Caruso Pastificio

Fresh Pasta & Beautiful Italian Foods

Using the finest Italian and Kent suppliers we make fresh pasta
and other beautiful Italian foods in Canterbury

Harry is English and Simona is from Foglianise, a village in the south of Italy, an hour outside of Naples. They met when they worked in restaurants in London, so, from the start were a food focused couple. Nevertheless, when Harry first went to Foglianise he was struck by finding “the nicest food I’ve ever eaten”. Something as startling as that doesn’t come about by accident, but from deliberate, hard work. Which in this case starts in the garden. There are two words for “garden” in Italian giardino and orto. A giardino has flowers, an orto is a workhorse, a kitchen garden. Simona’s family have an orto, and with it an orto approach: You eat best by eating what you grow, so you grow as good as you can. You don’t use pesticides, and with the tomatoes for example you don’t add water (dry-farming increases flavour). You only eat seasonally and you buy in as little as possible. Of course, this means that you means that you preserve a lot of your own produce. (Check out carusopastificio.com for lots of lovely photos of Harry, Simona and her family making tomato sauce in the summer).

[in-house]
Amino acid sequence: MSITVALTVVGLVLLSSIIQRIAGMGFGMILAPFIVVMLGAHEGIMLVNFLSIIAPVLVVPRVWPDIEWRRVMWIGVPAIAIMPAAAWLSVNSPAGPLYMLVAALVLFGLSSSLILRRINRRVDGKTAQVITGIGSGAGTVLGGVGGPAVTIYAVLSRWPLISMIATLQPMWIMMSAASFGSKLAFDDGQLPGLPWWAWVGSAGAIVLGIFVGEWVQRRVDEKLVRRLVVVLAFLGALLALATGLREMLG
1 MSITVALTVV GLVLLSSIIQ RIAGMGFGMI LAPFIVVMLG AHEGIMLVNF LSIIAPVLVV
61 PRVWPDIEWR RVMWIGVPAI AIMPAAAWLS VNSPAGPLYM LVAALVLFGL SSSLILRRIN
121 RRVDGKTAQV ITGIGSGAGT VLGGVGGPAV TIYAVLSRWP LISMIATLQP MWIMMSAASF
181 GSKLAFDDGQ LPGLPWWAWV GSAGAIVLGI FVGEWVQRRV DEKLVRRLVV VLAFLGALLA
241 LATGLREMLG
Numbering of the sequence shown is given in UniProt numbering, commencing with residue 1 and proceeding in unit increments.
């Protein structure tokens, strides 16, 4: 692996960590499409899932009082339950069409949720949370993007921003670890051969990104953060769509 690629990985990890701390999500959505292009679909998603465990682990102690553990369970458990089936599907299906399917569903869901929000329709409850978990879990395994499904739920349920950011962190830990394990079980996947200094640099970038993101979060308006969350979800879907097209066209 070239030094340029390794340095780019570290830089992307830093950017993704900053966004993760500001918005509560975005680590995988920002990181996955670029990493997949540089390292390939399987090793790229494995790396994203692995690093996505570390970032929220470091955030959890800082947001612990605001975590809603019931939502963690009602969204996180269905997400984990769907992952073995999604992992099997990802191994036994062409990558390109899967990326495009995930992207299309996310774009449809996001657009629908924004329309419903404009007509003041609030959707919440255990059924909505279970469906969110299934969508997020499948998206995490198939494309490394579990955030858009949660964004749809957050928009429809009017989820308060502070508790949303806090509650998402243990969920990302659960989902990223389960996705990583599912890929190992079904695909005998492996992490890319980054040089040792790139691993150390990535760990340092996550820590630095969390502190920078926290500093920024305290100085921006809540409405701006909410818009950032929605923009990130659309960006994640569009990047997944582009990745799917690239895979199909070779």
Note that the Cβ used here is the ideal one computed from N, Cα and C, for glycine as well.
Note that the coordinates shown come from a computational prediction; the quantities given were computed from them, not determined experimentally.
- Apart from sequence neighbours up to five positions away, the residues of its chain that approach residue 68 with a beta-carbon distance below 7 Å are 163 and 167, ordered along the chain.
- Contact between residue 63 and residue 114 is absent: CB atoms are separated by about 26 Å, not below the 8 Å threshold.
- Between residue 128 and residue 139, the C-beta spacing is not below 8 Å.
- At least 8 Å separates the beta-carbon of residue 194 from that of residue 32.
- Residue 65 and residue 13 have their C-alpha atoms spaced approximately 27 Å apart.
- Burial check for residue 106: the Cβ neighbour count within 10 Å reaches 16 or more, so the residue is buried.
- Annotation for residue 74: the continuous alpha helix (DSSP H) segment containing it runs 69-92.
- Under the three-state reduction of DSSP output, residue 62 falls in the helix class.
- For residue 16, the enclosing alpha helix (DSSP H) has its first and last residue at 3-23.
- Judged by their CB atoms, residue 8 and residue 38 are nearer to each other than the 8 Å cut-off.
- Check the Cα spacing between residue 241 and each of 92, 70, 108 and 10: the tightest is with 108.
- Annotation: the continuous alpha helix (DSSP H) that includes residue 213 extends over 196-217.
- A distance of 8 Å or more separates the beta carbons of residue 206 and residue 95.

Now based in Canterbury, Harry and Simona have formed their company – Caruso Pastificio, to bring the Italian food and sensibility from Simona’s village, and join it with the finest Kentish produce.

 

Caruso Pastificio have various pop up stands here at The Goods Shed (check their website for dates) selling sauces and preserves from Foglianise and Canterbury, and a selection of fresh, handmade pasta. The pasta range includes: a simple pasta like cavatelli (just flour, water and oil); and egg pasta, like tagliatelle; a stuffed pasta like pumpkin and ricotta or chard and blue cheese. These will be available by the 250g box, fine for two (or have one each if you’re greedy). They also make kids pasta. With a toddler themselves, Harry and Simona are very conscious of what small children do – and don’t – need to eat, so these are made with healthy local ingredients, organic when possible and no salt.

And if you get the bug for fresh half English, half Italian food, you can sign up for one of their supper club evenings, or even take a pasta lesson.